April 21, 2020

Resources on Severe Mental Illness and Death Penalty

ABA Mental Illness Resolution (2006)

Mental Health America Position Statement 54: Death Penalty and People with Mental Illnesses (2011)

National Alliance on Mental Illness (NAMI) position on the death penalty

Associations concur on mental disability and death penalty policy, American Psychological Association, January 2007

Severe Mental Illness Exclusion of Death Penalty Sentencing, Idaho Medical Association, 2016

"Serious Mental Illness and the Death Penalty" - Ohio Justice and Policy Center, 2015

"Battle Scars: Military Veterans and the Death Penalty" - Death Penalty Information Center, November 2015

"Double Tragedies - Victims Speak Out Against the Death Penalty For People with Severe Mental Illness" - Murder Victims' Families for Human Rights, the National Alliance on Mental Illness, 2009

"Mental Illness and the Death Penalty in North Carolina: A Diagnostic Approach" - Charlotte School of Law, may 2007

"The execution of mentally ill offenders" - Amnesty International, January 2006

SMI exemption bills, fiscal impact analysis, testimony and legislative hearings:

Missouri House Bill 2509 (2018)

Kentucky Senate Bill 107 (2018)

North Carolina Senate Bill 166 (2017)

Texas House Bill 3080 (2017). Click here to watch the hearing on HB3080.

Ohio Senate Bill 40 / House Bill 81 (2017/2018). Read the House Bill analysis or the Senate Bill analysis. Access all proponent testimony (12 documents) on this page.

Tennessee House Bill 345 / Senate Bill 378 (2017/2018). Click here to watch the legislative hearing on SB 378 (click on SB078 in the reader on the right side).

South Dakota House Bill 1099 (2017) (Access bill text) ; House Bill 1123 (2018) 

Virginia House Bill 1522 / Senate Bill 1348 (2017) (Access bill text); House Bill 758 (2018) / Senate Bill 802 (2018)

Indiana Senate Bill 155 (2017) ( Click here to watch the legislative hearing on SB 155 (see February 15, 9 am, last hour of the hearing).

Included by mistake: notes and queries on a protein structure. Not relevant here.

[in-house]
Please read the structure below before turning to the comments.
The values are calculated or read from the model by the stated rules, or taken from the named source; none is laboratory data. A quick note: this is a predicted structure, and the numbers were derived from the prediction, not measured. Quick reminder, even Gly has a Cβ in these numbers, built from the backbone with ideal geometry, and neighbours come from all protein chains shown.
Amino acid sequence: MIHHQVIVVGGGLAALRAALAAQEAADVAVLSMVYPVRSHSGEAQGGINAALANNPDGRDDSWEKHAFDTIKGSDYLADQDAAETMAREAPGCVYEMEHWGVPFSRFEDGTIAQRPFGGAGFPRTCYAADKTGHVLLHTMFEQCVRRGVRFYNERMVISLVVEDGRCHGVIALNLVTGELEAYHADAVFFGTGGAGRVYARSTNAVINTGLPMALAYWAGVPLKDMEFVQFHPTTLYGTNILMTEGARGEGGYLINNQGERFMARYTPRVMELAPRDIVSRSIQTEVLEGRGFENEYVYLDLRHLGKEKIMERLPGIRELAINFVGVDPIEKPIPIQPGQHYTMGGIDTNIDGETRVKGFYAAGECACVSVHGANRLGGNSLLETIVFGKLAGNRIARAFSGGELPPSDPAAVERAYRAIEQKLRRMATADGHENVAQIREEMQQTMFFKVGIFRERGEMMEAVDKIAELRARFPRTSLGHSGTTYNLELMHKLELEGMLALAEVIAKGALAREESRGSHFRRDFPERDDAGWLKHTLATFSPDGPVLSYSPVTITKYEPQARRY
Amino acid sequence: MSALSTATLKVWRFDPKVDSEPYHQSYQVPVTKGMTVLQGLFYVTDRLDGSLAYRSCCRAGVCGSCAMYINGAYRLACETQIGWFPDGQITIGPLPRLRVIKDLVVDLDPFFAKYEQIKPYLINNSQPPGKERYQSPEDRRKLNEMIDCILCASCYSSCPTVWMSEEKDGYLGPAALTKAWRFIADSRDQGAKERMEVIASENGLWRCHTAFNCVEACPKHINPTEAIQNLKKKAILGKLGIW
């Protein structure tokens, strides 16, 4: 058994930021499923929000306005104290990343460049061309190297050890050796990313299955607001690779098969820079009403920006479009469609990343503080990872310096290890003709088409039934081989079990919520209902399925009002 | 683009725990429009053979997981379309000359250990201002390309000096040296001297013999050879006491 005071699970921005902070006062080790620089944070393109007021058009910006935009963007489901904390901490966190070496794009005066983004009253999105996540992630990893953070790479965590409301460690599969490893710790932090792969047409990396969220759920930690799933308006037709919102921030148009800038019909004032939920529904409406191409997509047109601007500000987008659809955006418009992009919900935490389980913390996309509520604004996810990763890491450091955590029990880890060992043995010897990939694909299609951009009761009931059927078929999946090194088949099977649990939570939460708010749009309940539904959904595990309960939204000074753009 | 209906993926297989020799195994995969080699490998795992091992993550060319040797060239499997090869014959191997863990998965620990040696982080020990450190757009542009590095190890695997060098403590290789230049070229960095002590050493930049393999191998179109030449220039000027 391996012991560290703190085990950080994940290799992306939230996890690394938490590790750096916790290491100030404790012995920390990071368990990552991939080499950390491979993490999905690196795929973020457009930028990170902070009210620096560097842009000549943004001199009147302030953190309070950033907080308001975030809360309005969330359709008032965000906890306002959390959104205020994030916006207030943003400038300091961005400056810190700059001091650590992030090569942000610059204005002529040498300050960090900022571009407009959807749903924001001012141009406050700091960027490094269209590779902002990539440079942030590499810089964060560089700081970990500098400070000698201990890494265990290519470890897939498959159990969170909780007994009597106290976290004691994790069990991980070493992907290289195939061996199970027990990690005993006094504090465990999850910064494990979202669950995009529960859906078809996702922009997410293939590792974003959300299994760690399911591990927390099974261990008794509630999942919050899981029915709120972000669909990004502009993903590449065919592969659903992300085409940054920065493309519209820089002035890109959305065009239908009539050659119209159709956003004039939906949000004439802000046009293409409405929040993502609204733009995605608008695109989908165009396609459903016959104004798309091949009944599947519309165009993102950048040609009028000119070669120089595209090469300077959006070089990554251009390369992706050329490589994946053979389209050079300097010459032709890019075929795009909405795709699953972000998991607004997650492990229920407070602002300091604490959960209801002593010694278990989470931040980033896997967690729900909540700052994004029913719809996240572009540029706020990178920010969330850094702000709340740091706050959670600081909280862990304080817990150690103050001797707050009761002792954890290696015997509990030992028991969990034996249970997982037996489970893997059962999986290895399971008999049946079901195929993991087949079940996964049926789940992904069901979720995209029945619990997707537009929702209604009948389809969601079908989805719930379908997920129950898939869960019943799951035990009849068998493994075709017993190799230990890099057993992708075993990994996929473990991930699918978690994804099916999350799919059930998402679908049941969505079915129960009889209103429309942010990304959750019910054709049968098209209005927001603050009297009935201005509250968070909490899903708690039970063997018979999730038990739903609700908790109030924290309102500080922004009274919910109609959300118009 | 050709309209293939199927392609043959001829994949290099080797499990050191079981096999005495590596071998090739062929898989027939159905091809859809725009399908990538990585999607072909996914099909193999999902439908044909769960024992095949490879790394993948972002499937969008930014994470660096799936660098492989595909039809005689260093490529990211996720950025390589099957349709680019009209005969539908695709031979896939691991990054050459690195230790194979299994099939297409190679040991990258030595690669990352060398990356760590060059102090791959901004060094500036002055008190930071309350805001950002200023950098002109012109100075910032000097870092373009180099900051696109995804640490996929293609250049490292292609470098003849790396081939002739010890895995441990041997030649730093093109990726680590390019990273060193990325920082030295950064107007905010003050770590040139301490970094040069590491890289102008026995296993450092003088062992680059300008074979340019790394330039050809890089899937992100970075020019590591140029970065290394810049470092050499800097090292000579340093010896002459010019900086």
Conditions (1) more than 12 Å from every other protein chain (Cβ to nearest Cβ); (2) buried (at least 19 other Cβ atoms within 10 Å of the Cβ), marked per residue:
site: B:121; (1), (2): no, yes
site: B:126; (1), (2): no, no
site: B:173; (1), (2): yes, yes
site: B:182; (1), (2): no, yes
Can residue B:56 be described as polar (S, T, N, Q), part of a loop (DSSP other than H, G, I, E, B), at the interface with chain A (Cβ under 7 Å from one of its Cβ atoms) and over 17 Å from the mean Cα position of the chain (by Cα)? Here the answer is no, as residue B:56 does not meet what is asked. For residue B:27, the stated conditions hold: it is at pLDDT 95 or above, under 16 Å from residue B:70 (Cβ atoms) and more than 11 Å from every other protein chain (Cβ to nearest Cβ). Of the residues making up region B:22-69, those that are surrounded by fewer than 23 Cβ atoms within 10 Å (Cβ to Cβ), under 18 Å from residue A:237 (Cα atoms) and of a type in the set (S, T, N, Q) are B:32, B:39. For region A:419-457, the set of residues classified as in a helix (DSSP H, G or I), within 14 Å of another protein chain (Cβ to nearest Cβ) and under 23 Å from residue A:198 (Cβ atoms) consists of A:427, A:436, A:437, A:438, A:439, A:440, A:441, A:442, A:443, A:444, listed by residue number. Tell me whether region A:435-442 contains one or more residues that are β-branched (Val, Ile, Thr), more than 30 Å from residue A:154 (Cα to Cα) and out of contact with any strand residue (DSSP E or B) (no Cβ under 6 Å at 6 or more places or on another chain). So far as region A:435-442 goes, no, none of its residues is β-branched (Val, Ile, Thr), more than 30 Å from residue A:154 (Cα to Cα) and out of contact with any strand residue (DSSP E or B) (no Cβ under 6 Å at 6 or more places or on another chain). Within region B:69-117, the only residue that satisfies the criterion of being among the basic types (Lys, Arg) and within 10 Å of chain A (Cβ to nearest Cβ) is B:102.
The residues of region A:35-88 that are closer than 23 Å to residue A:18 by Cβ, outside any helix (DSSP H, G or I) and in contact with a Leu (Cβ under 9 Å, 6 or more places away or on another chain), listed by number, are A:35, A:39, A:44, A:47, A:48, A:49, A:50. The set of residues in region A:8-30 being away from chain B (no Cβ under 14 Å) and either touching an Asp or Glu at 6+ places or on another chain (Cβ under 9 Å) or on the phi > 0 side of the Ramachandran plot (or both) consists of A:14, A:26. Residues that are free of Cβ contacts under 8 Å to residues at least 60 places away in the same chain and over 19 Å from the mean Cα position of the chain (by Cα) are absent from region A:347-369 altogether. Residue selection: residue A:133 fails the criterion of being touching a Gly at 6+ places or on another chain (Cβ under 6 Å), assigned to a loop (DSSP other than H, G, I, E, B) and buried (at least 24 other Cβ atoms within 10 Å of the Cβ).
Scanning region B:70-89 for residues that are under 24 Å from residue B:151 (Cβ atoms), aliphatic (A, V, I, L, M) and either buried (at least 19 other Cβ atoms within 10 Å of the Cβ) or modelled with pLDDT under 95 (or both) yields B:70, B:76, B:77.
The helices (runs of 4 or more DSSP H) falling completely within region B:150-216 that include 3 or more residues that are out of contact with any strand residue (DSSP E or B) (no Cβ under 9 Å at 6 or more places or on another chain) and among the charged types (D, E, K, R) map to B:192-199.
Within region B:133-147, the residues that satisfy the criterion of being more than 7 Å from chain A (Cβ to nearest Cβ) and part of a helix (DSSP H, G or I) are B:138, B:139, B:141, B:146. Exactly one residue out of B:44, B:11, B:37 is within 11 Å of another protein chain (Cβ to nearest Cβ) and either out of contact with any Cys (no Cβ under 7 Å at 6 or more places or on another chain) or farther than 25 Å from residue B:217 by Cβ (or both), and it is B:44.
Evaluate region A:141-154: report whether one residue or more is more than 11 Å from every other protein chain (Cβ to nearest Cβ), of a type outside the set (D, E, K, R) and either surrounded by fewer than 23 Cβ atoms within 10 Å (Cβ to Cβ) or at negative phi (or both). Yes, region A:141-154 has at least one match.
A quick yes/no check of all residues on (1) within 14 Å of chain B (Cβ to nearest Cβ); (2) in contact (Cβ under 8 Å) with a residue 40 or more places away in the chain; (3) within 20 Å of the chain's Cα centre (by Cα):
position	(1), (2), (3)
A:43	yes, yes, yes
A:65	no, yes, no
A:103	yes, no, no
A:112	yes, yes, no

Arkansas House Bill 2170 (2017)

Ohio Senate Bill 162 (2016) 

Legal & legislative documents:

Amicus Brief filed by Mental Health America (MHA) and the National Alliance on Mental Illness (NAMI) in the case of California v. Steskal (the amicus brief discusses why individuals with severe mental illness should be categorically exempted from the death penalty).

ABA Testimony in Support of HB1522 in front of Virginia House Courts of Justice Criminal Law committee (Jan. 30, 2017)

ABA Testimony in Support of HB1099 in front of the South Dakota House of Representatives State Affairs Committee (Feb. 13, 2017)

Other Resources

2018 Cost Analysis

On June 21, 2018, the ABA Death Penalty Due Process Review Project released “Potential Cost-Savings of a Severe Mental Illness Exclusion from the Death Penalty: An Analysis of Tennessee Data,” which presents a preliminary cost estimate of such an exclusion in the state of Tennessee. While the analysis is limited in its scope and data set, it presents the first reasonable estimation of how much money a state like Tennessee could save if it enacts such a policy—approximately $1.4 to $1.9 million a year. Moreover, this report offers a model methodology for others to apply to their states in order to better assess the public policy effects of a severe mental illness exclusion to the death penalty.

2016 White Paper

On December 6, 2016, the Project released a comprehensive White Paper on Severe Mental Illness and the Death Penalty. he paper provides a comprehensive examination of how mental illness is currently treated in our capital punishment and criminal justice systems, what is typically meant by "severe mental illness", why current laws are inadequate and contrary to constitutional standards that exist for other vulnerable capital defendants, and why people with severe mental illness should not be subject to the death penalty as a public policy matter.

The Paper also describes the ABA's history working on this issue and why our organization (and many others) have determined that an exemption for severe mental illness is an appropriate and reform to our capital punishment systems. We hope that this Paper will be a great resource for the public, policymakers, lawyers, and others who are concerned about how our justice system treats people with serious mental health disorders. 

CLICK HERE to read the paper. Contact us at crsj@americanbar.org to receive printed copies of the Paper.

2016 National Summit on Severe Mental Illness and the Death Penalty Resources

The White Paper was released during the National Summit on Severe Mental Illness and the Death Penalty, organized by our Project, the Equitas Foundation and Georgetown University's Prisons and Justice Initiative.